Rosie Case Home Tour Dining Table with Custom Mirror Photo by Laurey Glenn


We love Memphis design for many reasons. (That it was named for a deep cut Bob Dylan track is just one of them.) But the movement’s ardor for boisterous color can definitely be off-putting. To make the aesthetic’s signature geometric shape and sawtooth edges feel more modern, wash them in neutral, monochromatic hues. Rendered in shades like ecru or blush, a Memphis piece’s sculptural qualities are truly allowed to shine.

Overstuffed Silhouettes

It wasn’t just blazer shoulders that became supersized in the 1980s. Furniture silhouettes were also pumped up. Consider Pierre Paulin’s Pacha sofa and chairs, Karl Springer’s Soufflé poufs, and Vladimir Kagan’s Nautilus chairs. While the 1980s trend was to go big-on-big, try varying the scale of furniture in your room when using one of these jet-puffed seating options today. Be it a spindly French modernist floor lamp or a small-scale coffee table, cue up a juxtaposition. A discrepancy in size can avoid the 80s pitfall of a room looking too matchy-matchy.

Design by Angie Hranowsky Design by Angie Hranowsky


It’s difficult to talk 80s design style without mentioning the Golden Girls’ bamboo-clad conversation pit. Bamboo furniture, especially modular, split reed-paneled designs are virtually inseparable from the 1980s aesthetic. To modernize the look, forgo partnering your bamboo sofas and chairs with theme-y palm-flocked cushions. Instead, opt for more neutral prints or solids. That said, you don’t need to stray from 80s tones, here. Bamboo still looks beautiful and sophisticated when fused with signature 80s mash-ups like mauve and teal.

Large Lamps

You’ll notice decor is almost clinically minimalist in authentic 80s interiors. Filling the void? Cannon ball-sized table lamps. Often used in pairs, 1980s lamps are frequently orb-shaped and feature trompe l’oeil style ribbon or sash embellishments. Textural sandblasted finishes and stacked pencil reed designs are also common finds. Not much is needed to upgrade these lamps for the 21st century. Rather, it’s worth noting that employing a pair of 80s lamps can be an excellent way to make disparate sofa end tables look more cohesive—in the event that you are opting for a mismatched set to break the spell of 1980s decorating homogeneity.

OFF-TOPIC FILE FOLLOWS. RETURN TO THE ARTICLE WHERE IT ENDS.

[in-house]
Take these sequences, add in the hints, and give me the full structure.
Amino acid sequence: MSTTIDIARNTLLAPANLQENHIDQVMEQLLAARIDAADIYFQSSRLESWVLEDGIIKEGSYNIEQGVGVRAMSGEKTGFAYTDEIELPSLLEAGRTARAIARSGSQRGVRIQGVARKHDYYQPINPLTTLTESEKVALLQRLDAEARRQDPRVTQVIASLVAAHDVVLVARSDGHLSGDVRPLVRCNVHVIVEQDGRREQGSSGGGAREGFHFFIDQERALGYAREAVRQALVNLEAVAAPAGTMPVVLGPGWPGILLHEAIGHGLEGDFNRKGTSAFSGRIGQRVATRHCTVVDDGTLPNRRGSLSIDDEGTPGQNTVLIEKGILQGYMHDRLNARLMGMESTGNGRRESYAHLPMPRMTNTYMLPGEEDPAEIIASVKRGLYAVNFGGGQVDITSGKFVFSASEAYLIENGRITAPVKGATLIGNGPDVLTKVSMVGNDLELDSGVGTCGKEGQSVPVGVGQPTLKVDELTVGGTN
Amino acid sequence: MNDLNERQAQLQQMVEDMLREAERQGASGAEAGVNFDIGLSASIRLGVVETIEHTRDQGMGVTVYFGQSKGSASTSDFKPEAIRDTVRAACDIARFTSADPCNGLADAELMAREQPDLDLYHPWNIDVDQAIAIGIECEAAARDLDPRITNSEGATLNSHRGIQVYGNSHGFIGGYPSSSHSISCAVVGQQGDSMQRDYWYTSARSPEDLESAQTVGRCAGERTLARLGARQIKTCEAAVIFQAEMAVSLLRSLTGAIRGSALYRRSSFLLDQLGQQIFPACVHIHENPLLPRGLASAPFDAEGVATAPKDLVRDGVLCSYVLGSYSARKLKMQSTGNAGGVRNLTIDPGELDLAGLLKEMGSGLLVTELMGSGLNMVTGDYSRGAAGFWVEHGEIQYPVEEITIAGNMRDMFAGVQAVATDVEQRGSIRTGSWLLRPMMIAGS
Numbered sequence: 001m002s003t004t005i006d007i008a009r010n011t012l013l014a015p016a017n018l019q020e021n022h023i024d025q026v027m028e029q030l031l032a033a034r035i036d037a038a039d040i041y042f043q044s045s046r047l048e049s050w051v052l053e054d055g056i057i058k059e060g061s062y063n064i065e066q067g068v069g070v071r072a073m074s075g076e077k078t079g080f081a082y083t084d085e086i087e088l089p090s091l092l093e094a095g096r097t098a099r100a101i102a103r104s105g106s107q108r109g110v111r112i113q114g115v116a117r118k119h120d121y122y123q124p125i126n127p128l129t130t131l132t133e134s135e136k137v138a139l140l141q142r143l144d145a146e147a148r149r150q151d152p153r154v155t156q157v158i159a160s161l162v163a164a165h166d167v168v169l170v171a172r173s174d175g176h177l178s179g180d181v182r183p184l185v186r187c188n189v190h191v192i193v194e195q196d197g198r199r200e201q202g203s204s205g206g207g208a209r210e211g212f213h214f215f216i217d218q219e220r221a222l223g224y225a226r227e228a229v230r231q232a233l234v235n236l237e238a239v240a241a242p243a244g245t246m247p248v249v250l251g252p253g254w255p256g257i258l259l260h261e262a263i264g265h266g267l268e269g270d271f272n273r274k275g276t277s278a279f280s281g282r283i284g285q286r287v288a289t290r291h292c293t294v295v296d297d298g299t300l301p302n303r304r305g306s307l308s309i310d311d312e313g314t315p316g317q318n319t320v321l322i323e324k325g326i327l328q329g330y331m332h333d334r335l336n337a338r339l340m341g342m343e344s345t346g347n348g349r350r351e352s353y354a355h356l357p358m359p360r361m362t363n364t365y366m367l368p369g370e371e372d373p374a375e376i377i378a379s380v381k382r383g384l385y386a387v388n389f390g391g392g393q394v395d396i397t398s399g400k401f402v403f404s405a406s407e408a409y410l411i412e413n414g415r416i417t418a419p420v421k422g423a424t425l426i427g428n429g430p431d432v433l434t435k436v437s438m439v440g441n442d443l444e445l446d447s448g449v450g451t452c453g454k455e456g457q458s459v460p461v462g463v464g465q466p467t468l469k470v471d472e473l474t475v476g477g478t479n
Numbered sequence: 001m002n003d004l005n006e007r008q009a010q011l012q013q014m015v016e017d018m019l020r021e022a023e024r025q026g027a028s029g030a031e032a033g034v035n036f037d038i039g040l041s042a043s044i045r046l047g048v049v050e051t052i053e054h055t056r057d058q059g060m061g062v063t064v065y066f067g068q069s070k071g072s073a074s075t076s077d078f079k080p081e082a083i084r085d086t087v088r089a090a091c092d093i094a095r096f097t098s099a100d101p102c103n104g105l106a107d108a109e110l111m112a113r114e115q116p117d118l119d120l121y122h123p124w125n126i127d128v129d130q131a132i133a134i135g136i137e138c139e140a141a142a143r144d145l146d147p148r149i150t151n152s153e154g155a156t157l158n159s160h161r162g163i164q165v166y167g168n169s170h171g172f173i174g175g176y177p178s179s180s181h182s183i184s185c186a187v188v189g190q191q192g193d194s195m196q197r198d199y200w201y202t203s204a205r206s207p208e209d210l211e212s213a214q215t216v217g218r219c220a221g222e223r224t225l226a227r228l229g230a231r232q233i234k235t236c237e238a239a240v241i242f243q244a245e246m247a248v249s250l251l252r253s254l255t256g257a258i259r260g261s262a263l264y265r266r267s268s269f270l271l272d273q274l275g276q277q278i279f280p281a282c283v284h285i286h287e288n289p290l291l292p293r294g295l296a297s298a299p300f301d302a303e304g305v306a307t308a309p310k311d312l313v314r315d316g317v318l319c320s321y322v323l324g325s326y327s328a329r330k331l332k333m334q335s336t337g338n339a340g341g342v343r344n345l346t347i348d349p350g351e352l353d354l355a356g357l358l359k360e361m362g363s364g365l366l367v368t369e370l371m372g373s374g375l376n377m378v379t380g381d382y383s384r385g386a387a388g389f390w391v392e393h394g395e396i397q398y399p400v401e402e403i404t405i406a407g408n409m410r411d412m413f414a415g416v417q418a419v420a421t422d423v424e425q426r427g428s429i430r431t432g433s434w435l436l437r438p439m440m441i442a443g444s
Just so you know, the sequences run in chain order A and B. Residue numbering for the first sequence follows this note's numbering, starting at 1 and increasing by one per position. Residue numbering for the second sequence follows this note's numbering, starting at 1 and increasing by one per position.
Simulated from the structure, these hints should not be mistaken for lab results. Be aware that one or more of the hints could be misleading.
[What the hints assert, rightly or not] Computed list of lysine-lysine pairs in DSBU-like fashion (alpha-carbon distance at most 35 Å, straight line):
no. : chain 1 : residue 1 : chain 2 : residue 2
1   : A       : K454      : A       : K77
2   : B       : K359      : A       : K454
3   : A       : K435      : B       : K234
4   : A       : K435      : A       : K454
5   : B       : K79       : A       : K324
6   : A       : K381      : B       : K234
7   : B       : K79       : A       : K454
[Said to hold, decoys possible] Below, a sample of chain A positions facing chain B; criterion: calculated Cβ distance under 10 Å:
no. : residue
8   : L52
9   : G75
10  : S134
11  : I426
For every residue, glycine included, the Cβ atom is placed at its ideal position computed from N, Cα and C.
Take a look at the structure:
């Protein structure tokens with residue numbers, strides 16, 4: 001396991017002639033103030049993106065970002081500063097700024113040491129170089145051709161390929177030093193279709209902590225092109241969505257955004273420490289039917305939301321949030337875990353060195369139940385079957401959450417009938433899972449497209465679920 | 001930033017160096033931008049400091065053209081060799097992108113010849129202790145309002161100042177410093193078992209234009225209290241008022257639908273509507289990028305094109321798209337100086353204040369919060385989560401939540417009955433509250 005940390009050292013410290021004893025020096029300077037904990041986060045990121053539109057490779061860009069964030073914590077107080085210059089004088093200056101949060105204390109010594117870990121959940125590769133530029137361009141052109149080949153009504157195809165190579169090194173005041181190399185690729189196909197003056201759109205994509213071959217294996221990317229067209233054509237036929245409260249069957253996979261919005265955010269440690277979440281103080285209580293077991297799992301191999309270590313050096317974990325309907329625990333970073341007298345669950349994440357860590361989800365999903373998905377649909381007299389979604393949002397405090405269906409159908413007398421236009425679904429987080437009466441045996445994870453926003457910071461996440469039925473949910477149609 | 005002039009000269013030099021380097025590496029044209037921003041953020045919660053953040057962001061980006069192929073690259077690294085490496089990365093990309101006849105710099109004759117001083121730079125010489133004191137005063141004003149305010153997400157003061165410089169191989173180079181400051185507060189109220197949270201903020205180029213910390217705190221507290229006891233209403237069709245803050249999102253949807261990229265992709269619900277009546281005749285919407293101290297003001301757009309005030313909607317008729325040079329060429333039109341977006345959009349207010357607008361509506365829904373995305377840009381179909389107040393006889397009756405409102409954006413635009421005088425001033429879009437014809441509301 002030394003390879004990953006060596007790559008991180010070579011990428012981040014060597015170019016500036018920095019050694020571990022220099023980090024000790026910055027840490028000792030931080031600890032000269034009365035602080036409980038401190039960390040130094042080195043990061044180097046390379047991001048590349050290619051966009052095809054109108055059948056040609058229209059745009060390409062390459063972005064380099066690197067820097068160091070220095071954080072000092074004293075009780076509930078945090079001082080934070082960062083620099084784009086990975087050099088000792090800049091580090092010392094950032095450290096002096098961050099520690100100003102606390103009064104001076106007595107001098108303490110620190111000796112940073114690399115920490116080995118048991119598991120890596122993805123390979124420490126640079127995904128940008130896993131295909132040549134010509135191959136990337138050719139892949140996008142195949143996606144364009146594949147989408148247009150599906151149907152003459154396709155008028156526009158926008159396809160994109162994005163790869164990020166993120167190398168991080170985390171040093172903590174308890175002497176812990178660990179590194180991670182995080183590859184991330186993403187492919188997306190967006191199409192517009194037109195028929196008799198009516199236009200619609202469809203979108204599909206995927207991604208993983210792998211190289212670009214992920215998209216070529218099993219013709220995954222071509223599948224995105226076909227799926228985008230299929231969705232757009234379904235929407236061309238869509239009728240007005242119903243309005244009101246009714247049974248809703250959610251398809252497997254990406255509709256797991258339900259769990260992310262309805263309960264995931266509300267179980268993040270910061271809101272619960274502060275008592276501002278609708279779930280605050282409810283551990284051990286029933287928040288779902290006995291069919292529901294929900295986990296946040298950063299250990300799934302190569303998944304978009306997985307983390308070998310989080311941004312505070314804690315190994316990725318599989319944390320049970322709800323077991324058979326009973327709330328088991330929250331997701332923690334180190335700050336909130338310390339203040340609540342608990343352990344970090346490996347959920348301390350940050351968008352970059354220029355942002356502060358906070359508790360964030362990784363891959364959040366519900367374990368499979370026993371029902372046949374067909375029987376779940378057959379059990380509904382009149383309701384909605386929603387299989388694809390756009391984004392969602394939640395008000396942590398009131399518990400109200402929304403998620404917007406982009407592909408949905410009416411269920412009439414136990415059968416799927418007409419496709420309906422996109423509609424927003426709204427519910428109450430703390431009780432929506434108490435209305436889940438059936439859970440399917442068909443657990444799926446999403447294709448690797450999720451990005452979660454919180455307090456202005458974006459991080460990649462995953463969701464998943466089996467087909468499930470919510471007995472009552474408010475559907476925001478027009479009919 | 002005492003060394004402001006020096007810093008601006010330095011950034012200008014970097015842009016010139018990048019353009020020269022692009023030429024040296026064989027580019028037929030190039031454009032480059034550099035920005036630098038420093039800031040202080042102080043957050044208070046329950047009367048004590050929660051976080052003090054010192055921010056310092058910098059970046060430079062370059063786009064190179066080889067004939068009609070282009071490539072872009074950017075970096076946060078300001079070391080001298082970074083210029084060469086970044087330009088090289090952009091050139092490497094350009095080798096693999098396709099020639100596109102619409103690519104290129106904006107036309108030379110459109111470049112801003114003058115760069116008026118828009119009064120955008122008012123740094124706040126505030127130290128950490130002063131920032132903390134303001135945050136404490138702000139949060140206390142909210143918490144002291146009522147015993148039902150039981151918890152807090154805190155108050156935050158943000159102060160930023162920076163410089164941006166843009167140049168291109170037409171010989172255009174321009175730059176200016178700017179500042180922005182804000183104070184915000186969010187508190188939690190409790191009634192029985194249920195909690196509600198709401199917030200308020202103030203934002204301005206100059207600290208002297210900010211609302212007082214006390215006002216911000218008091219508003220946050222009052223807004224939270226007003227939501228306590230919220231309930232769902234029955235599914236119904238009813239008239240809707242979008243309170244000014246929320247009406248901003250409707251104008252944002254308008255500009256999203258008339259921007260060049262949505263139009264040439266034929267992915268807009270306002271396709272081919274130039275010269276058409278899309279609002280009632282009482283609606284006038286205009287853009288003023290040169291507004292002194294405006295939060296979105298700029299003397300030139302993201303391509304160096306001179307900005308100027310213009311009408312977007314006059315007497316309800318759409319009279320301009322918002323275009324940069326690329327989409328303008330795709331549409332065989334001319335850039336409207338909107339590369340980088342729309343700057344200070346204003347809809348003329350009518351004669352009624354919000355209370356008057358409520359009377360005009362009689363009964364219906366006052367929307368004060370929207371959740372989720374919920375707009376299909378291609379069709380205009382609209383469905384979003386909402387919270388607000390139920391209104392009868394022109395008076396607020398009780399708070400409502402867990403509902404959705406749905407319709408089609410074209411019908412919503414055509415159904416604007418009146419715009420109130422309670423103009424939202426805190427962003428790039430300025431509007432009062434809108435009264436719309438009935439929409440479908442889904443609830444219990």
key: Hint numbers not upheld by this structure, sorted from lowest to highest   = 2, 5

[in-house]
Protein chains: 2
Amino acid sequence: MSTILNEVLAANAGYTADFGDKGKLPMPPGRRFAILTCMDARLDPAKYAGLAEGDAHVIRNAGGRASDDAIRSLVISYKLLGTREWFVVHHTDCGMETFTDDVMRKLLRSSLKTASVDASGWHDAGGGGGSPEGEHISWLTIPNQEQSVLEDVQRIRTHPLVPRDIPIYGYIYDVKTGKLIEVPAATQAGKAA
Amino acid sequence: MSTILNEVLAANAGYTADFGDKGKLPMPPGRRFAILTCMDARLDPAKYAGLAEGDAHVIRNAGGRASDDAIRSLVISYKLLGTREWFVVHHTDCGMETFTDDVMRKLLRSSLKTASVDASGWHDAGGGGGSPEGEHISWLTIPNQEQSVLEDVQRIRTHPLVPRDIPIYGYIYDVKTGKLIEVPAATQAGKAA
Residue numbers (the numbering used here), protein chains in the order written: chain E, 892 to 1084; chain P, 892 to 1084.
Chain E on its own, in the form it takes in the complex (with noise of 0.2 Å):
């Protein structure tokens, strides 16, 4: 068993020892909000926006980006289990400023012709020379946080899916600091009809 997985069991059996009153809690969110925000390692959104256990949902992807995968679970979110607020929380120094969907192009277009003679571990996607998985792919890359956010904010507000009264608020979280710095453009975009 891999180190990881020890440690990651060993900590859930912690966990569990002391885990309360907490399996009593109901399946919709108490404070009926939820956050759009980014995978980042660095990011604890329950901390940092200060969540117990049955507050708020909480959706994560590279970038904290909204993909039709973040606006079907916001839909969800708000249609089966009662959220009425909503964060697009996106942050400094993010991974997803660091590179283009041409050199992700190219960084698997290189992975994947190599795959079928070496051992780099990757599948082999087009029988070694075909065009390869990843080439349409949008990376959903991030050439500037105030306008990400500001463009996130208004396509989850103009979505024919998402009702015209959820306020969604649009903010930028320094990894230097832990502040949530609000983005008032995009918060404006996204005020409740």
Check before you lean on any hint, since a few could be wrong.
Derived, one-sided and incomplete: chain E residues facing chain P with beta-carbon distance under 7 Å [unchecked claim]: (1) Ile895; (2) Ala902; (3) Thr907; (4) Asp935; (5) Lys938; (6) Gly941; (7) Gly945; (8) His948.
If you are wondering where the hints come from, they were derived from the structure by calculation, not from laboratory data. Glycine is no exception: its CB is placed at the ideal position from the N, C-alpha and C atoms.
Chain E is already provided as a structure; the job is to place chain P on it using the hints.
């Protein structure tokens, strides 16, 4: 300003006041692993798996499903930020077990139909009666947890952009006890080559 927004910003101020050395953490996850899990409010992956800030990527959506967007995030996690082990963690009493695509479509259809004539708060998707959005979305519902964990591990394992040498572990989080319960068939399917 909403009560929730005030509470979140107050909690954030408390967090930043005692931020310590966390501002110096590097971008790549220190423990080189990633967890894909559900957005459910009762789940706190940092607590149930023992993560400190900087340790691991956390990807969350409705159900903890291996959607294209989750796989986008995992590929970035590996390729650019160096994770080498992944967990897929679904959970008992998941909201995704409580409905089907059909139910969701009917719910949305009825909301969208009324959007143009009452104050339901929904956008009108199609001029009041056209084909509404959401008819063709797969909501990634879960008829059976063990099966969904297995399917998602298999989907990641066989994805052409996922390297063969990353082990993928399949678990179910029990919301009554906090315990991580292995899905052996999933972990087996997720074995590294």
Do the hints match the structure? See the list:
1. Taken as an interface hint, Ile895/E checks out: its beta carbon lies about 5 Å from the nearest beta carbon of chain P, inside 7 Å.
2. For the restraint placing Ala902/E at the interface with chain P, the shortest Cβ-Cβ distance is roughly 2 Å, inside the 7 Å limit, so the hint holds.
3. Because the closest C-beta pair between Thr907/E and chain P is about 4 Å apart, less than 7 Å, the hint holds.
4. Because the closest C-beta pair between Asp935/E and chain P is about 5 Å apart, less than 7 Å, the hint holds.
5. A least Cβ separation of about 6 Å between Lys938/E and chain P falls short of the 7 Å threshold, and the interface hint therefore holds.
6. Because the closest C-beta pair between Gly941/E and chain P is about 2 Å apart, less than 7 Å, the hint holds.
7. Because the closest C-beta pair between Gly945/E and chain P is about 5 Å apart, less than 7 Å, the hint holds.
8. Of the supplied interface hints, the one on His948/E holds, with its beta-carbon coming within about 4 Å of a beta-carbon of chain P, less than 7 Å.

Design by Angie Hranowsky Design by Angie Hranowsky


You won’t see much brown wood furniture or heavy metal populating 80s design. So it’s no surprise that plaster fell into favor. Its matte white finish and ability to assume sculptural shapes made it designers’ go-to for everything from end tables to wall sconces. In contrast to the 80s habit of petrifying a room with plaster, use plaster decor in small doses. Introduce a single statement plaster pendant or balance a room out with a pair of plaster lamps.

Art Deco

From stepped silhouettes to channel tufting, Art Deco resurfaced in a big way in the 80s. It’s fairly easy to distinguish 1980s Art Deco revival styles from their 1920s counterparts. In addition to simplified forms, these seating, tables, and lamps tend to have larger proportions. In the 80s, these pieces were generally partnered with the decade’s overarching pastel palette. For a new and now take, try syncing them with the original Art Deco era’s super-saturated color wheel.

Photo by Sarah Natsumi Moore Photo by Sarah Natsumi Moore

Who are some Famous 1980s Furniture Makers?

  • Milo Baughman
  • Jan des Bouvrie
  • Thayer Coggin
  • Gabriella Crespi
  • Louis Durot
  • Directional
  • Paul Frankl
  • Vladimir Kagan
  • Maitland-Smith
  • Pierre Paulin
  • Serge Roche
  • Saporiti
  • Karl Springer
  • Michael Taylor

Shop 1980s Design >>

Lead photo design by Sarah Vaile / Photo by Aimee Mazzenga